From dozens of prominent 2014 films, seven contenders were being considered for best makeup academy awards this winter, eventually whittled down to the three projects finally nominated for an Oscar: Foxcatcher, The Grand Budapest Hotel and Guardians of the Galaxy. On hand at the Samuel Goldwyn Theater on Feb. 21 for a pre-Oscar symposium about those finalists’ makeup and hair styling artistry were all six nominated craftspeople. In an extensive two-hour seminar, Academy makeup branch governor Leonard Engelman, also a vice-president of the Academy, presided over a lively discussion of the three films’ inherently innovative qualities.
As with the earlier “bakeoff” in which the seven contenders were presented to voting members of the Academy of Motion Picture Arts & Sciences’ makeup branch, and the recent Makeup and Hairstylists Guild awards, many notable members of the makeup arts community were on hand to support their fellow artisans.
Actor Michael Rooker who played a key “makeup character,” Yondu Udonta in Guardians of the Galaxy, said, “You read the script and it either turns you on or it doesn’t. Whatever it calls for is what you do, whether it’s a seven-hour makeup as in Slither or a four-and-a-half-hour makeup as in Guardians. It’s kind of interesting that I get to do this.”
Speaking about working on an otherworldly project as with Guardians, Rooker revealed that his process begins before sitting in the makeup chair. “I use everything that’s inside me and my imagination,” he stated. “That happens when I wake up the morning of, and I start getting ready for work. Driving in, I’m already in my mind, getting ready and preparing.”
Regarding working with Guardians’ director James Gunn, Rooker noted their unique relationship. “I’ve done four projects with this guy – two little ones and two pretty good sized ones,” said the actor. “He’s a great buddy. We really connect very well. That’s been the goal. Right away, before we even worked together, we connected. As soon as I walked in the room to audition for Slither, we had a connection there, and it’s been going strong ever since.”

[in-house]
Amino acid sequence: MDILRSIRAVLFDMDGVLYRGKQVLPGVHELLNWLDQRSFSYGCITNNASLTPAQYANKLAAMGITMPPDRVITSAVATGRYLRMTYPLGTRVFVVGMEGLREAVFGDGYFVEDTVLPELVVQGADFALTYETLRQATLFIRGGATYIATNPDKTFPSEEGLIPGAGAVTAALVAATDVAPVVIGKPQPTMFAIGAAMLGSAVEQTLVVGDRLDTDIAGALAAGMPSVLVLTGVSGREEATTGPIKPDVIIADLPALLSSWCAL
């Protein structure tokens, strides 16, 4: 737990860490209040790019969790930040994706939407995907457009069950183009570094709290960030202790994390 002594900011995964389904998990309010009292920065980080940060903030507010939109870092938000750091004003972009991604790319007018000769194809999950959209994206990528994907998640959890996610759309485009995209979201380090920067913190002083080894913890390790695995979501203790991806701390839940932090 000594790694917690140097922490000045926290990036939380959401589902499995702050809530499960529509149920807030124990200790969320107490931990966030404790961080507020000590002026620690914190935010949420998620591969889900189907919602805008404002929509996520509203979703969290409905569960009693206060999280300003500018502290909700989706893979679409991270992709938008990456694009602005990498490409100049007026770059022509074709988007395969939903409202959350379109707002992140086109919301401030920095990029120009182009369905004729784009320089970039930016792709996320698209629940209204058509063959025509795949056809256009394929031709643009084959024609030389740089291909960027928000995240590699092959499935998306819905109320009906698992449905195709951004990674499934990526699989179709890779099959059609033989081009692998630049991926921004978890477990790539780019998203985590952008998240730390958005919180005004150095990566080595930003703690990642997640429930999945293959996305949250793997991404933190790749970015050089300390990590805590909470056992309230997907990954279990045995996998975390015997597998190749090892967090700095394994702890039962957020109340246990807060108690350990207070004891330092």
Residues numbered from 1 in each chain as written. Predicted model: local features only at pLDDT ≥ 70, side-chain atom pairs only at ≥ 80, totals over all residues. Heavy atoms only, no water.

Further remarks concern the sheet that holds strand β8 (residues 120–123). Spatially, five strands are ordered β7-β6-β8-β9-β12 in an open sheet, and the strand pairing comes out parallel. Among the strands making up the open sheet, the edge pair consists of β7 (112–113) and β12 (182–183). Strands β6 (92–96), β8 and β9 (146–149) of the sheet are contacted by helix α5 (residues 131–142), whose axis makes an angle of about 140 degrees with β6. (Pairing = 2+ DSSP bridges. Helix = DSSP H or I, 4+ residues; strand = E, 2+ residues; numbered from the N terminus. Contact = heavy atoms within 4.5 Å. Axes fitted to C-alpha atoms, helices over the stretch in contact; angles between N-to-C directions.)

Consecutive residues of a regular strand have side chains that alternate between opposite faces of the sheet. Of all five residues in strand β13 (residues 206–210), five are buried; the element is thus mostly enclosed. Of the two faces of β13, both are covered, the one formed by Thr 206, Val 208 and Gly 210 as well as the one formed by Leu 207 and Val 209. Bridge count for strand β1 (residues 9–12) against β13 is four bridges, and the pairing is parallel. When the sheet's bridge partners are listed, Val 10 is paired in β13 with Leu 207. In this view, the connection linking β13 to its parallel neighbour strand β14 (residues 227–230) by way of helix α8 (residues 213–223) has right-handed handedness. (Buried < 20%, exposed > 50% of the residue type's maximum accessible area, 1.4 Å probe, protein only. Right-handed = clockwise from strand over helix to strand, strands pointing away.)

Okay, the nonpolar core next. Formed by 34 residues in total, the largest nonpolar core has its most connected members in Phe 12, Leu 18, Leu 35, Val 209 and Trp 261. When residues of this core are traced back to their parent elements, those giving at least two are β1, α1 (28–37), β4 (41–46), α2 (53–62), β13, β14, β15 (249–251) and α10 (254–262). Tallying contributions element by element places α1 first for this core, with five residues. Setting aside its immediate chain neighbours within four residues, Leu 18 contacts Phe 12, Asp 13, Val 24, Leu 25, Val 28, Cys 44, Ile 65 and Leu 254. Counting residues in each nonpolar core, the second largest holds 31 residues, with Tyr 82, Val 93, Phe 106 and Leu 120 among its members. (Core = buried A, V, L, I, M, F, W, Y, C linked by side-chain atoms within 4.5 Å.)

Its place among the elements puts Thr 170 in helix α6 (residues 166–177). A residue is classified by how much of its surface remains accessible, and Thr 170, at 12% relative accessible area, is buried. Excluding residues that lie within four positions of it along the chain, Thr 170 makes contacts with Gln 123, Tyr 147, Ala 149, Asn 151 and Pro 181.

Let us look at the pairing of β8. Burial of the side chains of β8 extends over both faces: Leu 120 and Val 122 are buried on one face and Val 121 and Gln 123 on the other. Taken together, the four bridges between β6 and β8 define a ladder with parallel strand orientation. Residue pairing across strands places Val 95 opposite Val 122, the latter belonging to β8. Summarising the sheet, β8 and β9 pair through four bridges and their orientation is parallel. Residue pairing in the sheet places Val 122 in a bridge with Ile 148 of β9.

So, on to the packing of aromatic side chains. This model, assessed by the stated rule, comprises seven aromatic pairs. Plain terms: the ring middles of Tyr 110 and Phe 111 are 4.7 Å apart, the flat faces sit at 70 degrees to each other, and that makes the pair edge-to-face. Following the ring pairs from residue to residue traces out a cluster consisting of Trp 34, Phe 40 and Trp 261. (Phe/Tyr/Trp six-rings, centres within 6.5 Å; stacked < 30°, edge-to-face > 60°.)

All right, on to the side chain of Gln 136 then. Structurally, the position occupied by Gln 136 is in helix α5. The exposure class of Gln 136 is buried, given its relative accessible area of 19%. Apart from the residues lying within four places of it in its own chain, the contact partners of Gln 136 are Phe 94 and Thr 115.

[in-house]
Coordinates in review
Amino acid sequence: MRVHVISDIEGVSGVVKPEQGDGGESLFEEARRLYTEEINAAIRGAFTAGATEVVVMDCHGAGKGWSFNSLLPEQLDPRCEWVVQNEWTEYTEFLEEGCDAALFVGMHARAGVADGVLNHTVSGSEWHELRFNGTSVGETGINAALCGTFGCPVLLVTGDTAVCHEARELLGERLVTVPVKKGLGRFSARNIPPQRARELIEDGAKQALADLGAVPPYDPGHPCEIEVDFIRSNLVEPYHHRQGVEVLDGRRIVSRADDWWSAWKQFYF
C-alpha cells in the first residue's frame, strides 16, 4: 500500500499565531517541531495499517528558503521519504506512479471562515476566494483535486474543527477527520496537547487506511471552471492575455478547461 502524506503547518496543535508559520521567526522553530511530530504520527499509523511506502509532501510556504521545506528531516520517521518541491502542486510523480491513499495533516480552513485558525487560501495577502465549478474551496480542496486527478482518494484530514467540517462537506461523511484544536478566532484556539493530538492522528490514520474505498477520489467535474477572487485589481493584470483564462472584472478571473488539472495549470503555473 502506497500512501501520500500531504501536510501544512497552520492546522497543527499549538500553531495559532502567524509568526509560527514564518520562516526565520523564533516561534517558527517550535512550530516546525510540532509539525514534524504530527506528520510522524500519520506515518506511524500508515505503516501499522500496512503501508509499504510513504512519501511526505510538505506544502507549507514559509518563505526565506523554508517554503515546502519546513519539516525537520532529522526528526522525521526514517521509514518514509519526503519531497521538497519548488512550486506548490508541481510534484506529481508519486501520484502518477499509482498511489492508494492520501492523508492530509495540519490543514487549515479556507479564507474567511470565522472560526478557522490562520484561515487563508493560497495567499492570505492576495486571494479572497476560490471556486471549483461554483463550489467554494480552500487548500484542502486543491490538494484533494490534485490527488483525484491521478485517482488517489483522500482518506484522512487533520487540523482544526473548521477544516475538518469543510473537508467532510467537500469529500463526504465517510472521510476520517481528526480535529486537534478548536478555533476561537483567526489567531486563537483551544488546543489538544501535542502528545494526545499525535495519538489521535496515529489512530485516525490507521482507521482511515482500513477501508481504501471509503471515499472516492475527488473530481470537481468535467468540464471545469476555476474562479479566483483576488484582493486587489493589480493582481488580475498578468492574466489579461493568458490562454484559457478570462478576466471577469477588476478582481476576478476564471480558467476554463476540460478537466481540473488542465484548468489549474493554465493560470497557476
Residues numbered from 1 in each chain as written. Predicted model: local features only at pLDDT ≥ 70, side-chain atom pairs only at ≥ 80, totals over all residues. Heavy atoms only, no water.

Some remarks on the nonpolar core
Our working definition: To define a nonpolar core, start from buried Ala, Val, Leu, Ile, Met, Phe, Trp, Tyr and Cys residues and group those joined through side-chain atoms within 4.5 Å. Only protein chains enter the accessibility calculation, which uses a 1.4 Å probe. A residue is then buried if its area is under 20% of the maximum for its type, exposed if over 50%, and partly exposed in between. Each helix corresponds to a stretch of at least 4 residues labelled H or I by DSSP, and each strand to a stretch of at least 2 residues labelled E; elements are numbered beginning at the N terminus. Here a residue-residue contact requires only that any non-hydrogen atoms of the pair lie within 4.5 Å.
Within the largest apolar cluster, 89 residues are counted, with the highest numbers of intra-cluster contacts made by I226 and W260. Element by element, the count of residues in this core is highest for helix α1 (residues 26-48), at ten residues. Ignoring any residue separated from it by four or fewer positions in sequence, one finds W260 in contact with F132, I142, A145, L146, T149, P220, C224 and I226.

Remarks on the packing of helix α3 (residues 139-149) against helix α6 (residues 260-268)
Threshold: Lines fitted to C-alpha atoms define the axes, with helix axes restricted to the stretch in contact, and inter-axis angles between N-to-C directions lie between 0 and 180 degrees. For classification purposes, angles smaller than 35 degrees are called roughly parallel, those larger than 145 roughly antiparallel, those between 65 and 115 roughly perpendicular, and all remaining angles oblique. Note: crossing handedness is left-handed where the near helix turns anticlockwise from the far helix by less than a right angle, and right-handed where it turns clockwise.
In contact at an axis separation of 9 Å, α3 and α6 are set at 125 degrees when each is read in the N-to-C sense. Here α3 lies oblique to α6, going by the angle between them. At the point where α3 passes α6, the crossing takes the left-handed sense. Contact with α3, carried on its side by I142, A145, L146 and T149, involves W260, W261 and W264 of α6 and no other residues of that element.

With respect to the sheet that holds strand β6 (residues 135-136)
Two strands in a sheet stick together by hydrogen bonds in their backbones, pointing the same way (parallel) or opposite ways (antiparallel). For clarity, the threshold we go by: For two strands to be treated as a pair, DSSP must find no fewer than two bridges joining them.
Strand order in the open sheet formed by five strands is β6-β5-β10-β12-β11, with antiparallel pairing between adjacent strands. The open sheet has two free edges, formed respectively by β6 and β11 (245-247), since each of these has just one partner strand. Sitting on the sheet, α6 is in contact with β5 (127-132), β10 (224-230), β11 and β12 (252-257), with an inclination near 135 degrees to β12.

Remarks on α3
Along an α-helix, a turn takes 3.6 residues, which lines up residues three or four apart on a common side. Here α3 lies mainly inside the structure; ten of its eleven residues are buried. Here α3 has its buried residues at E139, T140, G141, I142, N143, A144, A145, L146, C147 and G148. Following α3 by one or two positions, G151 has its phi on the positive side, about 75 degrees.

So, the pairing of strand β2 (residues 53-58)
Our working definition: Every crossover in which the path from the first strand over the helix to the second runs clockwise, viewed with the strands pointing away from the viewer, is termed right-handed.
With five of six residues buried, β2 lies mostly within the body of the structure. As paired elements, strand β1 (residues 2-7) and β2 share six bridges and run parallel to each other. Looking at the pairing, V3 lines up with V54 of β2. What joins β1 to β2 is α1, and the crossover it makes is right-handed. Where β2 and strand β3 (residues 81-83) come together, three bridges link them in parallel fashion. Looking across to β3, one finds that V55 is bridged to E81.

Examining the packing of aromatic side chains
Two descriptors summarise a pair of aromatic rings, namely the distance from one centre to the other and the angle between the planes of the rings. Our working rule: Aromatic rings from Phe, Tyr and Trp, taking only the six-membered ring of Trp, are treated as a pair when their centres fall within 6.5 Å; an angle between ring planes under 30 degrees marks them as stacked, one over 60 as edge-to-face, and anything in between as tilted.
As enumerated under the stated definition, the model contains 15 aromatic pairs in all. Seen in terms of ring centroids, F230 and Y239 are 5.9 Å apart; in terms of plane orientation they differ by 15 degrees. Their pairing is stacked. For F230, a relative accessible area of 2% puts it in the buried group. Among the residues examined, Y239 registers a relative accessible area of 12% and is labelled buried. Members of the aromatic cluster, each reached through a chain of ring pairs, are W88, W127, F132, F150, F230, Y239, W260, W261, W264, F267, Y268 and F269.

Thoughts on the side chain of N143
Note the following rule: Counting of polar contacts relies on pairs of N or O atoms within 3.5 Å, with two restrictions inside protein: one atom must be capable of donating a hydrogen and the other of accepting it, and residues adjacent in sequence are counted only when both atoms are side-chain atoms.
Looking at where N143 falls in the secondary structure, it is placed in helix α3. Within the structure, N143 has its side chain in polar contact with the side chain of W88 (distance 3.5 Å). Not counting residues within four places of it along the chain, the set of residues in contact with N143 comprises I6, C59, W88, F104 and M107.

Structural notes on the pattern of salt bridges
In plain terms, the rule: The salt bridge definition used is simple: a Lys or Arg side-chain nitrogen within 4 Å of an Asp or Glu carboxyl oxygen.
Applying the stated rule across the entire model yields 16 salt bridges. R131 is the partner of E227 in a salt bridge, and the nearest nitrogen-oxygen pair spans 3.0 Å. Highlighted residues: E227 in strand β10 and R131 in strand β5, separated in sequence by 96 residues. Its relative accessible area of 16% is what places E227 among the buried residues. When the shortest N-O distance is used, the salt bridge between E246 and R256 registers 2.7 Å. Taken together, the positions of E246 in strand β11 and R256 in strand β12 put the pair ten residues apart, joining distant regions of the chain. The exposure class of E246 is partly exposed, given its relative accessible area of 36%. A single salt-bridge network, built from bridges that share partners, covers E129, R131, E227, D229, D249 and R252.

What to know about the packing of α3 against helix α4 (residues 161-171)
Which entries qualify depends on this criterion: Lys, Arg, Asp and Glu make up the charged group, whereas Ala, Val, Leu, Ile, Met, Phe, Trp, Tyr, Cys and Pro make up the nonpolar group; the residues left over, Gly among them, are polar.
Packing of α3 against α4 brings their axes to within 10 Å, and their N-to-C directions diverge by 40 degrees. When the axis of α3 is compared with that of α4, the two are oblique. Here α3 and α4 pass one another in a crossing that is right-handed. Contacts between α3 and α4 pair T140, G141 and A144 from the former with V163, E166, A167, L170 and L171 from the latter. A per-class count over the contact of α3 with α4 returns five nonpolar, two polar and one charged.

Last year’s best makeup winner, Robin Mathews (Dallas Buyers Club), noted that “the competition this year was so intense and wonderful,” though she indicated that last year’s competition was equally challenging. “This year, I did makeup supervision on Wild with Reese Witherspoon with the same director as Dallas Buyers Club, Jean-Marc Vallée.” In 2007, Mathews had also created makeup for a similarly-themed film, Into the Wild, directed by Sean Penn.
Oscar winner for best makeup in the first Narnia movie Howard Berger noted that traditional prosthetic makeups, which were crucially featured in Foxcatcher, Grand Budapest Hotel and Guardians of the Galaxy, are not being fully replaced by digital artistry. “That’s all part of the umbrella of makeup in general, be it straight makeup, beauty makeup, prosthetic makeup, and hair,” he said. “As long as there’s makeup, it involves everything, and it includes everything. It’s all-encompassing. That’s what’s so great about this. There’s always a big variety. It just so happens that this year all three films that are nominated have prosthetic work – some heavier than others. The other films that were being considered during the bakeoff, some didn’t have prosthetic work, so it was really a great mix-up, and it is every year. It’s a great combination of makeup and hair, and this is a celebration of the arts that we do for film and how we make it all mesh together.”
Berger also pointed to the integration of prosthetic makeup and visual effects which has become commonplace on science-fiction and fantasy films, a reality that Berger embraced on 2014’s The Amazing Spider-Man 2. “With visual effects, some stuff like Guardians of the Galaxy have intermixed digital augmentation as design,” he said. “It truly is the new magic trick. It’s great to see filmmakers like James Gunn want to use makeup. He loves it so much. There’s so many great filmmakers that want makeup, and so many actors that want makeup. It’s so encouraging and refreshing. It’s back to where it should be, where the makeup artists and hair stylists are important on the film. They’re not these annoying gnats flying around that producers are trying to swat, but a very important part of the team in filmmaking.” Berger has done three recent films with Mark Wahlberg – The Gambler, Ted 2 – coming out in June, and Daddy’s Home, which will be out for Thanksgiving, 2015. In April, Berger will start an action-adventure film, The Long Night, starring Wahlberg, to be directed by Peter Berg.